It was a “surreal” moment, Smith recalled.

“I remember hesitating for a minute, because I knew that as soon as I pushed that button, there was no bringing it back,” he said.

The suit was filed in May 2016. Smith was officially suing President Obama—his commander in chief.

Smith’s initial suit was dismissed in federal court in Washington, D.C. He’s now appealing.

He hasn’t voiced any regrets.

“I’m not a pacifist by any means,” Smith said, noting that the oath a soldier takes is almost identical to the oath of a member of Congress states prior to taking office. “But if it’s so important for the country’s national defense that we need to go from a state of peace to a state of war than it seems to me that the least that can happen is the Congress of the United States can do their jobs and vote on that as the constitution dictates.”



While Smith continues to challenge the justification for war, the Trump administration is on track to surpass the number of strikes carried out by his predecessor. In war-torn Yemen, for example, the Trump administration, as of September, tallied more than 100 strikes against an al Qaeda affiliate, up from three dozen in 2016, according to Newsweek. Similarly, an investigation by the nonprofit Air Wars, which tracks civilian casualties, revealed that more than 2,000 civilians had been killed in Iraq and Syria in coalition raids in Trump’s first seven months in office. The administration is on pace to more than double the previous administration’s civilian casualty count, Air Wars reported.

That the military under Trump is escalating the war on terror to never-before-seen heights appears consistent with promises the real estate mogul made on the presidential campaign trail. At one point, the reality TV star-turned-politician bragged that he’d bomb “the shit out of ISIS” if elected. This is one campaign promise Trump is living up to.

Although many Republicans accused Obama of being weak on terror, the truth is he oversaw a dramatic overhaul of the drone program to bomb at least seven countries, assassinate an American citizen, and kill hundreds of alleged enemy combatants and civilians. Mostly as a whole, Democrats refrained from criticizing Obama’s seemingly out-of-control drone campaign because the former constitutional law professor projected an even-keeled demeanor that earned him a level of trust Trump’s flamboyant and bullish approach to war has not.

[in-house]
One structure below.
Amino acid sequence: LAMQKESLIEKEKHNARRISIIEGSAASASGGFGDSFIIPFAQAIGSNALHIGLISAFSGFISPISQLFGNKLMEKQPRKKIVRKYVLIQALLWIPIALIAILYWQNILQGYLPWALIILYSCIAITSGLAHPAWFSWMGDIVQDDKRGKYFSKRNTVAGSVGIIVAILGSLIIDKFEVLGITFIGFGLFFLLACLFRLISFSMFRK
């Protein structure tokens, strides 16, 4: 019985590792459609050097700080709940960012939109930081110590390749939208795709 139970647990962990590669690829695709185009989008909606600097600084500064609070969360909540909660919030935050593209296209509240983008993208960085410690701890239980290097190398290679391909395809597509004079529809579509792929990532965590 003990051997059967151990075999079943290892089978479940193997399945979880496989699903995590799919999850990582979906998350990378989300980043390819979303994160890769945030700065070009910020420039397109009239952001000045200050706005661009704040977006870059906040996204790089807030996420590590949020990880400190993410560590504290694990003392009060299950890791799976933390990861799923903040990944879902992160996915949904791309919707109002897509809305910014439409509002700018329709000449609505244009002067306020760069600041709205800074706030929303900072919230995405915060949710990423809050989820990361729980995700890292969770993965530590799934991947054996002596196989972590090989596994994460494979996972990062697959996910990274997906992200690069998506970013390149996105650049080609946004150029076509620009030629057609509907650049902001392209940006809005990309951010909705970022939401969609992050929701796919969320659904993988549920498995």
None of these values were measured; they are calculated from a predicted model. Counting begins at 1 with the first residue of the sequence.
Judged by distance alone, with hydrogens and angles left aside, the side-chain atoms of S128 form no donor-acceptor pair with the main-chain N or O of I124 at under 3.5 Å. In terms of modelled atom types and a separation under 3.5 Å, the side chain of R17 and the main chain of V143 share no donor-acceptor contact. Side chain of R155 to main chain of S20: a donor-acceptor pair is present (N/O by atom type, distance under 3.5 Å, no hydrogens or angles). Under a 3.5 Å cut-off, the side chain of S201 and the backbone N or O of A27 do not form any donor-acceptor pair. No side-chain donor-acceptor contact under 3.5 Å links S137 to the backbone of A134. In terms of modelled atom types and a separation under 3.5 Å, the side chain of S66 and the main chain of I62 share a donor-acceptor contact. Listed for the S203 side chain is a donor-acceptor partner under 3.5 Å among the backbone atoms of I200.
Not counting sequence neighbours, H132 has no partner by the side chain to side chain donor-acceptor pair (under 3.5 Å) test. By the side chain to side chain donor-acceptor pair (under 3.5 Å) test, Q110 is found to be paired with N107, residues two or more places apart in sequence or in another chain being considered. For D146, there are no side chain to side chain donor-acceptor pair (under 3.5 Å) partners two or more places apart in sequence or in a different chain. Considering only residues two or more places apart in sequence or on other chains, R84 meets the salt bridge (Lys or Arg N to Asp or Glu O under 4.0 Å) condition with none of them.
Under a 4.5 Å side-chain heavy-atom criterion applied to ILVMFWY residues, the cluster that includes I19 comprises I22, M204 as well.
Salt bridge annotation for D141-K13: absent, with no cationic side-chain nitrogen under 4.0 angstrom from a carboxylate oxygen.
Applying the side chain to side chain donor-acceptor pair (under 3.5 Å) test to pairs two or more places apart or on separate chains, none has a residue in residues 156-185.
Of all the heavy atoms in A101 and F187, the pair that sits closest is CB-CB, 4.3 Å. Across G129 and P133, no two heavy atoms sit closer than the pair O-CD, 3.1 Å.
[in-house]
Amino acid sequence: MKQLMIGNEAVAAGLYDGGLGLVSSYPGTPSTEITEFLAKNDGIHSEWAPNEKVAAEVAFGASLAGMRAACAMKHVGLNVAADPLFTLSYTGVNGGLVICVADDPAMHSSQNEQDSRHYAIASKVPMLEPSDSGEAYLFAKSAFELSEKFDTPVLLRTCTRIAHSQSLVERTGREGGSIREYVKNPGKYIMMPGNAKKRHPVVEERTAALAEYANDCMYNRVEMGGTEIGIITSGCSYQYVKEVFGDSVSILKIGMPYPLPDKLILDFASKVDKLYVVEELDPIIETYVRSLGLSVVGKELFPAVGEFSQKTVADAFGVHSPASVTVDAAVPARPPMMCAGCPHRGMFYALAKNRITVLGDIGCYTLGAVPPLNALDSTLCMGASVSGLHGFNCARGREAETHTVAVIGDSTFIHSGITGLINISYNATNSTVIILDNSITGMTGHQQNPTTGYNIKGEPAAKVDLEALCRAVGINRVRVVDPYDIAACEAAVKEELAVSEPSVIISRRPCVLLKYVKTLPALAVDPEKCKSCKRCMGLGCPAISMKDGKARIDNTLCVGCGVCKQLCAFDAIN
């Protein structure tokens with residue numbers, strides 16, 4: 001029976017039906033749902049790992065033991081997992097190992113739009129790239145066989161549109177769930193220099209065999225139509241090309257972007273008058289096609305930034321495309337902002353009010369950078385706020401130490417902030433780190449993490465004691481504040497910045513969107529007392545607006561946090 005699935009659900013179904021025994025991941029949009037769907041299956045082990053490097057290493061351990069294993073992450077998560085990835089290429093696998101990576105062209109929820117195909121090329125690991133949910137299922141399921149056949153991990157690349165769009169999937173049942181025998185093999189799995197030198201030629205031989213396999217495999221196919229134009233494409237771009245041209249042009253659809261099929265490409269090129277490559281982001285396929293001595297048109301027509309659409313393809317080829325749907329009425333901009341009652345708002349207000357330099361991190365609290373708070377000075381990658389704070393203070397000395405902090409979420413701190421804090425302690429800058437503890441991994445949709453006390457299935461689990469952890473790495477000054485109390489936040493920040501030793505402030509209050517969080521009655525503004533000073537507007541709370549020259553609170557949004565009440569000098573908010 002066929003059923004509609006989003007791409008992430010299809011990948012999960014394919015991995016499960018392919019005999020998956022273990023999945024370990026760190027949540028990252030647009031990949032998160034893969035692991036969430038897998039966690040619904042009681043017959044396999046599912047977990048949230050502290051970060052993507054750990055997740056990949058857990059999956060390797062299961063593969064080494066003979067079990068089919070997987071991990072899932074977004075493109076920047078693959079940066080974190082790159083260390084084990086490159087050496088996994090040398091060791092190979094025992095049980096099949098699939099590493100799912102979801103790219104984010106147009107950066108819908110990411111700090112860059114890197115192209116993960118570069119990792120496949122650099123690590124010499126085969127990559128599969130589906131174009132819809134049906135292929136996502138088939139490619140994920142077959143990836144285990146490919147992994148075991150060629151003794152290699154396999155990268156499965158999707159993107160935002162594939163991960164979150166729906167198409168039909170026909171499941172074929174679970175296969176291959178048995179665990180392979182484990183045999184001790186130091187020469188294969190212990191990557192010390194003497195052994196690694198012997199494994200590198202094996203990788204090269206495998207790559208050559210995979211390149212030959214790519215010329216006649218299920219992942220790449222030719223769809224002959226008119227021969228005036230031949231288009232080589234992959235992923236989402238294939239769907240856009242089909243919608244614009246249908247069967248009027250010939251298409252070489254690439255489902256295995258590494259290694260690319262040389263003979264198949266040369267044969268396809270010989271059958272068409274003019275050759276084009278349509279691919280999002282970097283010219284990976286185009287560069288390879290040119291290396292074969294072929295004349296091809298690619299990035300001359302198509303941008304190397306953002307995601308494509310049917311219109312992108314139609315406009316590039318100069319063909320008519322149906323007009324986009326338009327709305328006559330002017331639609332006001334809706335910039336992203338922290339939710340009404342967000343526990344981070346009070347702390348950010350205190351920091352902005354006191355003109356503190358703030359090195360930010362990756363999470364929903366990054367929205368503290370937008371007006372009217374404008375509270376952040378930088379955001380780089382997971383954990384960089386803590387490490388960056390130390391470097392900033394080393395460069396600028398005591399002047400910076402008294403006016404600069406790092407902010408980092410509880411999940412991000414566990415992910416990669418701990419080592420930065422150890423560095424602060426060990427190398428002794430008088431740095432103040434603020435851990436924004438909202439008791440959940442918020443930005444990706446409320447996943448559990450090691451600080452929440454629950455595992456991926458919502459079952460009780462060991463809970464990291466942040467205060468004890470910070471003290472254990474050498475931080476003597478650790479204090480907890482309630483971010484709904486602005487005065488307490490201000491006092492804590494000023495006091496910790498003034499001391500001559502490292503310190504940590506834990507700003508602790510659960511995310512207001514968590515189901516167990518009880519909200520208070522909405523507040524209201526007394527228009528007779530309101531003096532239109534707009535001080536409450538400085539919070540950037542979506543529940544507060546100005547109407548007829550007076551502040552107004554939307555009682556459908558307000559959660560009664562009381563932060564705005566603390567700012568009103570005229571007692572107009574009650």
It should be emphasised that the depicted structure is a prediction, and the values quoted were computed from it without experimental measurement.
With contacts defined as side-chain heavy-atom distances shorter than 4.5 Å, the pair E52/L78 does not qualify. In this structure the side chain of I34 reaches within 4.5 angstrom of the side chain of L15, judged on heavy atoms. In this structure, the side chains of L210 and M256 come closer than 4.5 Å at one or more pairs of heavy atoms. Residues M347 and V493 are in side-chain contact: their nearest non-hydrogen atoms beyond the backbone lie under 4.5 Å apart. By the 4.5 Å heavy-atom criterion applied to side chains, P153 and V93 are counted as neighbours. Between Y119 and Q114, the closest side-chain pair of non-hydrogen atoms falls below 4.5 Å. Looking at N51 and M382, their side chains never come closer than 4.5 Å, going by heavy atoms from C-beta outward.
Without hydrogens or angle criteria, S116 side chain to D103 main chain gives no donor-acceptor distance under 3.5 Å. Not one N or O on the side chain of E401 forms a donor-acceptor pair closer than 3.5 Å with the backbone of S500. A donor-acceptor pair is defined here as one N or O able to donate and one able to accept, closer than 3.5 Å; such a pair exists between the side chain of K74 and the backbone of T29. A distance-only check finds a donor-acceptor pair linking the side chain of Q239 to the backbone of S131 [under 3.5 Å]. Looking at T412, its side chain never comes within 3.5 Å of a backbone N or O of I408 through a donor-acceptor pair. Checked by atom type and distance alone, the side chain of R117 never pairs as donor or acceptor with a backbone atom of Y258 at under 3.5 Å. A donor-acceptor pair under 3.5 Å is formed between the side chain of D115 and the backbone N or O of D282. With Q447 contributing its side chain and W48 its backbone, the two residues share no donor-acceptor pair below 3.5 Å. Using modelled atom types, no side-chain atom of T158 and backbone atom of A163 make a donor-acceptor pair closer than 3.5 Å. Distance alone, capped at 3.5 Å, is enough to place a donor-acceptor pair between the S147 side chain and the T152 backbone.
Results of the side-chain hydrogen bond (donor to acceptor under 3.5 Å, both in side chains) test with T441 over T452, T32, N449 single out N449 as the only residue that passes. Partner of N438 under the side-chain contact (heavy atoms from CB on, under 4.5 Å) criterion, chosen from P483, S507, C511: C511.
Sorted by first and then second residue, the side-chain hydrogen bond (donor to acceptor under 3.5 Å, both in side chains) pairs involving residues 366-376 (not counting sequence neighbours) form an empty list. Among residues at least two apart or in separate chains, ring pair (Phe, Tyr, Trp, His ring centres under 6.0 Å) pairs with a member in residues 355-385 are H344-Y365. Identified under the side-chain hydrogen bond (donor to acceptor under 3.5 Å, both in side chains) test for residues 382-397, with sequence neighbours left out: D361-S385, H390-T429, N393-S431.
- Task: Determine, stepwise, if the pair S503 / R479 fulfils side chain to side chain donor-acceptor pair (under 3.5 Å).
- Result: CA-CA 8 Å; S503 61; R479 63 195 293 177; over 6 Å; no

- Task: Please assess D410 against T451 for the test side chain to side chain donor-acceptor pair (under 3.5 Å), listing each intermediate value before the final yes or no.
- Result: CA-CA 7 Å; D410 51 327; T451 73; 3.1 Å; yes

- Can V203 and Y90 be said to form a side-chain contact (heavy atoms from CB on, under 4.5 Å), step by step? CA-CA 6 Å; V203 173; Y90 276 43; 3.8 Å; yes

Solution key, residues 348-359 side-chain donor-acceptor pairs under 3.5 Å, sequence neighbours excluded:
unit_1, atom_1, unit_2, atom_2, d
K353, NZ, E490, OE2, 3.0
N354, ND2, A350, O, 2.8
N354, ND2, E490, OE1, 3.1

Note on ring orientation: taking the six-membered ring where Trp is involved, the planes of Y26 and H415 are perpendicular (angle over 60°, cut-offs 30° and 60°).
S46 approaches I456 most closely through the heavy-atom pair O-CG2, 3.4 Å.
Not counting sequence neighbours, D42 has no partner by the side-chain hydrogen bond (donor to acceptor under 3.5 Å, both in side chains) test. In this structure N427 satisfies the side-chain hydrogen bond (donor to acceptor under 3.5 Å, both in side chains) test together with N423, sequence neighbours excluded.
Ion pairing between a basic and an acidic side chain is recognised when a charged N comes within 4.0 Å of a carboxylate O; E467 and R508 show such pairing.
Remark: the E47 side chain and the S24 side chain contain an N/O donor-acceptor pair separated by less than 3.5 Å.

“When it comes to imperial policies, when it comes to the military industrial complex, when it comes to drone strikes, when it comes to dropping bombs, especially on Muslim countries, the difference between a Hillary Clinton and a Donald Trump and a Barack Obama is very, very small on that international front,” Dr. Cornel West, professor of the Practice of Public Philosophy at Harvard University, told News Beat podcast. “Domestically, there is a difference, no doubt about that. About rights and liberties and so forth. There is a difference. But when it comes on the international front, that’s part of the problem of trying to keep track of the American empire and its policies even as you keep track of the American domestic activities that are going on.”

“Bush has 45 strikes—drone strikes—and Obama has over 500. Bush is a war criminal but Obama is not. You see, that’s ridiculous. You’ve got to be morally consistent,” West, one of the leading intellectuals of our time, added. “When we talk about neoliberalism, you’re talking about a privatizing and militarizing that collapses public spaces, public conversation, public accountability, public answerability for elites at the top.”

Now Trump has access to an ever-expanding arsenal of weapons he can use at a moment’s notice. The United States’ impressive slate of weaponry, combined with an ever-changing interpretation of the 2001 AUMF, gives Trump all the ammo he needs to wage war whenever, and wherever, he sees fit. Just like Bush, and just like Obama.

It’s a cycle of devastation that Congressional representatives appear disinterested in breaking.

“There’s still a global war mindset and practices that need to be addressed,” said Beavers. “But the whole idea that there’s this domestic legal justification that has been so frequently invoked with so little accountability, it just sets that dangerous precedent that we really need to scale back or else this is going to just go on forever, and more and more things are going to be kind of shoehorned into that scope of authority.”

If anything, America’s war footing is likely to grow, as a much-maligned Congress continues to fail to live up to its sacred oath.